Sharon Prentis has been part of the staff team at St Mellitus College since September 2015. Below, she answers a few questions.
Tell us a bit about yourself
I originally come from the city of Leeds and consider myself as a Yorkshire lass, having been born not far from the hallowed turf of Headingly Cricket ground.
Most of my life has been involved with church in one form or another. I am married to Calvert, who has been a priest in the Church of England for over 20 years. We have a daughter who has just graduated from university. As a family, we have moved several times in ministry, working mostly in the north of England with impoverished communities. Over the last five years, we have moved further south. Now, I serve part-time with Calvert in a vibrant multi-cultural parish in Ilford.
My parents originally immigrated from the Caribbean in the late 1950s and were among the first wave of West Indians who immigrated to post war Britain. My formative faith experience was in the Wesleyan Church, part of the Holiness movement, where I came to faith at 16. Although I was in church from an early age, there came a point where I wanted to make a definitive decision to become a Jesus follower and be baptised.
Growing up in the urban environment of a northern city during the 1970’s, my neighbours were from a variety of cultures. Living among such a diversity of cultures was wonderful. Sharing food, festivals, family stories, fun and faith was part of my day to day experience of community life. Being in such an environment was exciting; we shared our experiences and challenges of becoming teenagers and our hopes for the future. It was simultaneously tough and glorious as I grew up in the inner city, but I learnt a lot about myself and God in relation to others.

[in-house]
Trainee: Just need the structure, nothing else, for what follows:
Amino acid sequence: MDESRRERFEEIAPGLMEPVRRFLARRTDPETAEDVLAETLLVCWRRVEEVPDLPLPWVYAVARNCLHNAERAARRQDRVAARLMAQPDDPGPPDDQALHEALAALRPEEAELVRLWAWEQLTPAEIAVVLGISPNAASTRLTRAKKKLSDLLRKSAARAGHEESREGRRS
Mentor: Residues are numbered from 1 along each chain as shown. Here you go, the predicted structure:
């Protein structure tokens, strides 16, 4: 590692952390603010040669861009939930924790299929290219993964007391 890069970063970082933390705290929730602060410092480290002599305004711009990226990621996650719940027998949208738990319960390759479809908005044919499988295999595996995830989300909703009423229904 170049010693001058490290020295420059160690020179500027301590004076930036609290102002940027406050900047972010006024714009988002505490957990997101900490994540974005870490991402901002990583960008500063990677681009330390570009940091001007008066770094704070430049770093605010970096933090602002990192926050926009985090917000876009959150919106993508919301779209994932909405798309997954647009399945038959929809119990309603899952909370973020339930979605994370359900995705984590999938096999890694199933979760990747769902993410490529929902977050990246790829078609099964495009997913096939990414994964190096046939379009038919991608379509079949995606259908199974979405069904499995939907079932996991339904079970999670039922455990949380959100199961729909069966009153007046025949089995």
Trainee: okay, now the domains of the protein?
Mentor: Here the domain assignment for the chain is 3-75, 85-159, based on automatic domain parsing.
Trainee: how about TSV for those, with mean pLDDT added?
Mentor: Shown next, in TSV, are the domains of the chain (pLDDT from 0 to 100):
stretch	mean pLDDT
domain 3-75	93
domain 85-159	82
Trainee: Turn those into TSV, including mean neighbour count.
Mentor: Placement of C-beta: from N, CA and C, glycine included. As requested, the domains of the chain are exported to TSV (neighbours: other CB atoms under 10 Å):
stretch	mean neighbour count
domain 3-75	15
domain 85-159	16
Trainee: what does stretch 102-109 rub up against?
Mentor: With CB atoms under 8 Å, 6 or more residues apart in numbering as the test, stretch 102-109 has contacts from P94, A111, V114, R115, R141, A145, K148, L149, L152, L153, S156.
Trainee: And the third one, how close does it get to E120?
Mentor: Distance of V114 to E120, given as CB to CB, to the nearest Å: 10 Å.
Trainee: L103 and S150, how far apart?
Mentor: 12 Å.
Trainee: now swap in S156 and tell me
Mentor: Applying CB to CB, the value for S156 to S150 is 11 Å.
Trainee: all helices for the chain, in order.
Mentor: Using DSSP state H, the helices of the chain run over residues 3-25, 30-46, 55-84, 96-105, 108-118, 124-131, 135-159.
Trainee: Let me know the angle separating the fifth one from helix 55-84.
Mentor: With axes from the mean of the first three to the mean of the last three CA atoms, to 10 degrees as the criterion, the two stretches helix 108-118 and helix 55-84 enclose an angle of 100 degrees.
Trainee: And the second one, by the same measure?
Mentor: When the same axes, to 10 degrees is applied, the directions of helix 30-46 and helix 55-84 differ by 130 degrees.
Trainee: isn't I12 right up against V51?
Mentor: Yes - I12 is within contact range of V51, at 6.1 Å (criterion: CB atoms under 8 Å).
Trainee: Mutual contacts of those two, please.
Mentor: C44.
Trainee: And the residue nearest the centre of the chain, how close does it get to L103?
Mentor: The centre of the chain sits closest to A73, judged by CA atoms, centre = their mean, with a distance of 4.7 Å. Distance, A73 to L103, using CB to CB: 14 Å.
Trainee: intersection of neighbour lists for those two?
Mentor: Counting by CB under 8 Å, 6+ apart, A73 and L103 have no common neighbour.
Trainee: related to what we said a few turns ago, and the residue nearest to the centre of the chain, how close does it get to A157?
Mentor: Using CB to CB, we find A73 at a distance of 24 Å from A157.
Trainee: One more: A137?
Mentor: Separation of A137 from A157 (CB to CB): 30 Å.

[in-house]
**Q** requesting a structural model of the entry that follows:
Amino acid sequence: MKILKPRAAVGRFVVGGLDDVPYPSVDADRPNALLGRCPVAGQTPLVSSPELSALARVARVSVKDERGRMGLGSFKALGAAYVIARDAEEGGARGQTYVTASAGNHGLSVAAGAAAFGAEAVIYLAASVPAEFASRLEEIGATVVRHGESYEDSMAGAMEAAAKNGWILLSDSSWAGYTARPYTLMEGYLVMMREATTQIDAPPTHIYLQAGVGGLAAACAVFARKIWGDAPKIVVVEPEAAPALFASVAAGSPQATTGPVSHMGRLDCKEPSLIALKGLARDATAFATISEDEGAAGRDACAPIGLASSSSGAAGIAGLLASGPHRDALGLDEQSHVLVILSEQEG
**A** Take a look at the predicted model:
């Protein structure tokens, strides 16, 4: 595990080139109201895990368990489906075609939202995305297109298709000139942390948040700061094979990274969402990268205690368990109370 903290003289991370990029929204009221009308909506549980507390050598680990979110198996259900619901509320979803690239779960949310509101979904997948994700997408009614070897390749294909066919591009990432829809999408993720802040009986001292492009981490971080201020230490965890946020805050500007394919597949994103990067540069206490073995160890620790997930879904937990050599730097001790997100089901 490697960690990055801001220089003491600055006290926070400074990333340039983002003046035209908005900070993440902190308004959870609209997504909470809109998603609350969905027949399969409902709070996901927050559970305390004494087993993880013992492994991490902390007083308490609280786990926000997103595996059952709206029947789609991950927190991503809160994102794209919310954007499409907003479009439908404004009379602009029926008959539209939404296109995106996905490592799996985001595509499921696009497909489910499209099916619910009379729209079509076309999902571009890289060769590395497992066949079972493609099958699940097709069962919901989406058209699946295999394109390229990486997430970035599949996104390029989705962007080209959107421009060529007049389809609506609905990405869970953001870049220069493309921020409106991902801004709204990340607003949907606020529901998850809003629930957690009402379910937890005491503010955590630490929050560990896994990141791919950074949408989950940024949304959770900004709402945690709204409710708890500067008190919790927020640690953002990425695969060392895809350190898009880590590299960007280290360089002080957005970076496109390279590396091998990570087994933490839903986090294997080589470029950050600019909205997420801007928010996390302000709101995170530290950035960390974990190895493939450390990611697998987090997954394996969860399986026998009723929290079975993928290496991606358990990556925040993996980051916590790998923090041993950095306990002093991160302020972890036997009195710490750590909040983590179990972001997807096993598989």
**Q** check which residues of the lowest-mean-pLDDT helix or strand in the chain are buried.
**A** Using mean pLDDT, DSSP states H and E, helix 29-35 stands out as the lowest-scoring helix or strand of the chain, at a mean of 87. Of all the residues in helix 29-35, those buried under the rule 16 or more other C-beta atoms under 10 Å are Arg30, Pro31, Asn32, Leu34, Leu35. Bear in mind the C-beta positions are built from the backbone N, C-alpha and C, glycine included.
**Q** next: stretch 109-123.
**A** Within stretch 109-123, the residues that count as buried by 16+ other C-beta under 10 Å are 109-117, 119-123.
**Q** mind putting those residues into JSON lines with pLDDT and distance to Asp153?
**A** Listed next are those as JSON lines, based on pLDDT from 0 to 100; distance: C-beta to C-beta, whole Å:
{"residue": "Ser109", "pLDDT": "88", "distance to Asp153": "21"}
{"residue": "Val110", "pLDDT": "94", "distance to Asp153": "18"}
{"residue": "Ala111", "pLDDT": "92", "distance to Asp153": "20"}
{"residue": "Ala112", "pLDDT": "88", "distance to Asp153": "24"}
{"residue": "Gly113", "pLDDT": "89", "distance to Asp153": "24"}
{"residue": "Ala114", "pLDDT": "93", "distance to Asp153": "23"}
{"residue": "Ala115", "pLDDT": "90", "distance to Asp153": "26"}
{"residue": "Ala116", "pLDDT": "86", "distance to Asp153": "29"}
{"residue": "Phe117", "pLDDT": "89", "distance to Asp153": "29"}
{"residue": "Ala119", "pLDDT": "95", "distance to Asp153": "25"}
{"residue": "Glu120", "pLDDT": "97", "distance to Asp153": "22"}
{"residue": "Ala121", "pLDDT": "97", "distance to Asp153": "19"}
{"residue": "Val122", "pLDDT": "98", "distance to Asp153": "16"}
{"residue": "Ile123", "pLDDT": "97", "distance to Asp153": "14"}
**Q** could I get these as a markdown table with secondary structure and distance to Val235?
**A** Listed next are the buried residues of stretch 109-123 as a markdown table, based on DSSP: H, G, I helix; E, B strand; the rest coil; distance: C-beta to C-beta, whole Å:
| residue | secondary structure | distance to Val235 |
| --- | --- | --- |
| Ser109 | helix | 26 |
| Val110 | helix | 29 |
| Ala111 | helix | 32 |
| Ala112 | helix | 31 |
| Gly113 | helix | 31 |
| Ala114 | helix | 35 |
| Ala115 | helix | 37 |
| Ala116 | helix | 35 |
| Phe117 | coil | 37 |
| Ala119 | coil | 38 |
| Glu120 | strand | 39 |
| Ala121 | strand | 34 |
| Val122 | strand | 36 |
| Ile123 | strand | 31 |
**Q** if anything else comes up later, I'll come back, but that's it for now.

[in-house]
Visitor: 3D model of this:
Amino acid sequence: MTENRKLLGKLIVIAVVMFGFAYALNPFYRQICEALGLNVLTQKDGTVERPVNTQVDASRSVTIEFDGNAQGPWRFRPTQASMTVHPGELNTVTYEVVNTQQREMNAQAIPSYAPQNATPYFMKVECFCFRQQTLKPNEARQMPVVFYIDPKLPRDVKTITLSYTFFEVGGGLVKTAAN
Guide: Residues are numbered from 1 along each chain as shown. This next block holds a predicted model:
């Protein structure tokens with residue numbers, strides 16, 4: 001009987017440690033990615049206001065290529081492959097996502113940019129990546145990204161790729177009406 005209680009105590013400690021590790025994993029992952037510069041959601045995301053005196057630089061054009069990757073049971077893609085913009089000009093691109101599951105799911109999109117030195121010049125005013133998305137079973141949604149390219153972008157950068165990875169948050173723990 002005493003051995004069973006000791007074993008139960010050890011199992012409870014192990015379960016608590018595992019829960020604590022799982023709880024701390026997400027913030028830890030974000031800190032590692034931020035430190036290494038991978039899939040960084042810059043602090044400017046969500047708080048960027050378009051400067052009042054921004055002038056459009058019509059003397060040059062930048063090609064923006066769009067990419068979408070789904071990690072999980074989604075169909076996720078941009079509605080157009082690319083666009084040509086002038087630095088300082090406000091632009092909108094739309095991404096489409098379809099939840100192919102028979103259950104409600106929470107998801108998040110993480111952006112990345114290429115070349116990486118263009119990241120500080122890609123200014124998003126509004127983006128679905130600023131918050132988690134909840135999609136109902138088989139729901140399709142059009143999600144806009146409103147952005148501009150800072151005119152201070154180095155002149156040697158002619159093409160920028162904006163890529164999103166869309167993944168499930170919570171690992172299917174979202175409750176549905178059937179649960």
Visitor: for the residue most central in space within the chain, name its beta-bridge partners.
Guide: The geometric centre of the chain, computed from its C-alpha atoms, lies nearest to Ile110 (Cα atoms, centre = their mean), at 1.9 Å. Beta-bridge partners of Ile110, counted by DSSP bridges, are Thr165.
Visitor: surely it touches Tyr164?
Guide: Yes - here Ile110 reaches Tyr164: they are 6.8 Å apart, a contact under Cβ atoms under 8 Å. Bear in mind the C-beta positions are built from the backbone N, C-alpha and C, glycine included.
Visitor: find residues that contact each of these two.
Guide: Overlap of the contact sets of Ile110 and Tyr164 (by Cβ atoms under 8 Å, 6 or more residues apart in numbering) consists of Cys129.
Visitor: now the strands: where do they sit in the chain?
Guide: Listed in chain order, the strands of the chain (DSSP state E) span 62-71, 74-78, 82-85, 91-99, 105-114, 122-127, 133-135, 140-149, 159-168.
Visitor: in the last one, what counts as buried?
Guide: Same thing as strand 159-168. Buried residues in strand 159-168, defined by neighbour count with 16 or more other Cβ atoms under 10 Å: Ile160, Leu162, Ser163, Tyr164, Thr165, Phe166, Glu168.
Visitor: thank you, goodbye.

This is probably where my interest in community, culture and learning came from. I decided then I wanted to learn more about people and went on to study this at university takings a combined degree in sociology, psychology and social policy.
What were you doing before you started at St Mellitus College?
For years I have worked alongside my husband in parish ministry while doing research and teaching before becoming ordained. My first career was in public health specialising in community development work, which involved anything from arranging cooking classes to lobbying the local council about dog fouling in public areas. I even thought about becoming a local councillor. During that time, I completed postgraduate studies in Sociology, anthropology and education. My experience and research in these areas led me to work as a lecturer at University, specialising in the voluntary sector. This culminated in working for a number of faith-based organisations such as Oasis, The Salvation Army and The Diocese of Southwark.
What do you most wish to contribute to the work of St Mellitus?
I oversee Beginning Theology which is an entry level course. Its aim is to prepare those who have never formally taken a theological course to prepare them for study at undergraduate level. The course uses a number of adult education approaches to support learning, but equally important is students formation as Christ's disciples. There intention is to combine learning about Scripture, tradition and faith experience with studying the usual conventions of academic work. It is exhilarating working alongside people who are excited to discover more about God and to see the change in them that occurs.
What we strive to create is a community of learning that is mutually supportive. In my head is the model of the early church in the book of Acts: a diverse people being brought together to praise God.
My favourite definition of theology is from St Augustine 'faith seeking understanding'. Our approach to theology on the course is that our knowledge of God is not just cerebral; discovering the divine through our minds, but is expressed in the way we live as Christ's disciples.
And what do you do when you are not at St Mellitus College?
Between parish work, teaching and managing the course, any spare time is spent writing and reading.
Gardening is a recent hobby. In the last two years I have managed to grow some decent tomatoes. It is in the garden that I find space for contemplation and communing with God. It is there I am reminded that I am not ultimately in control.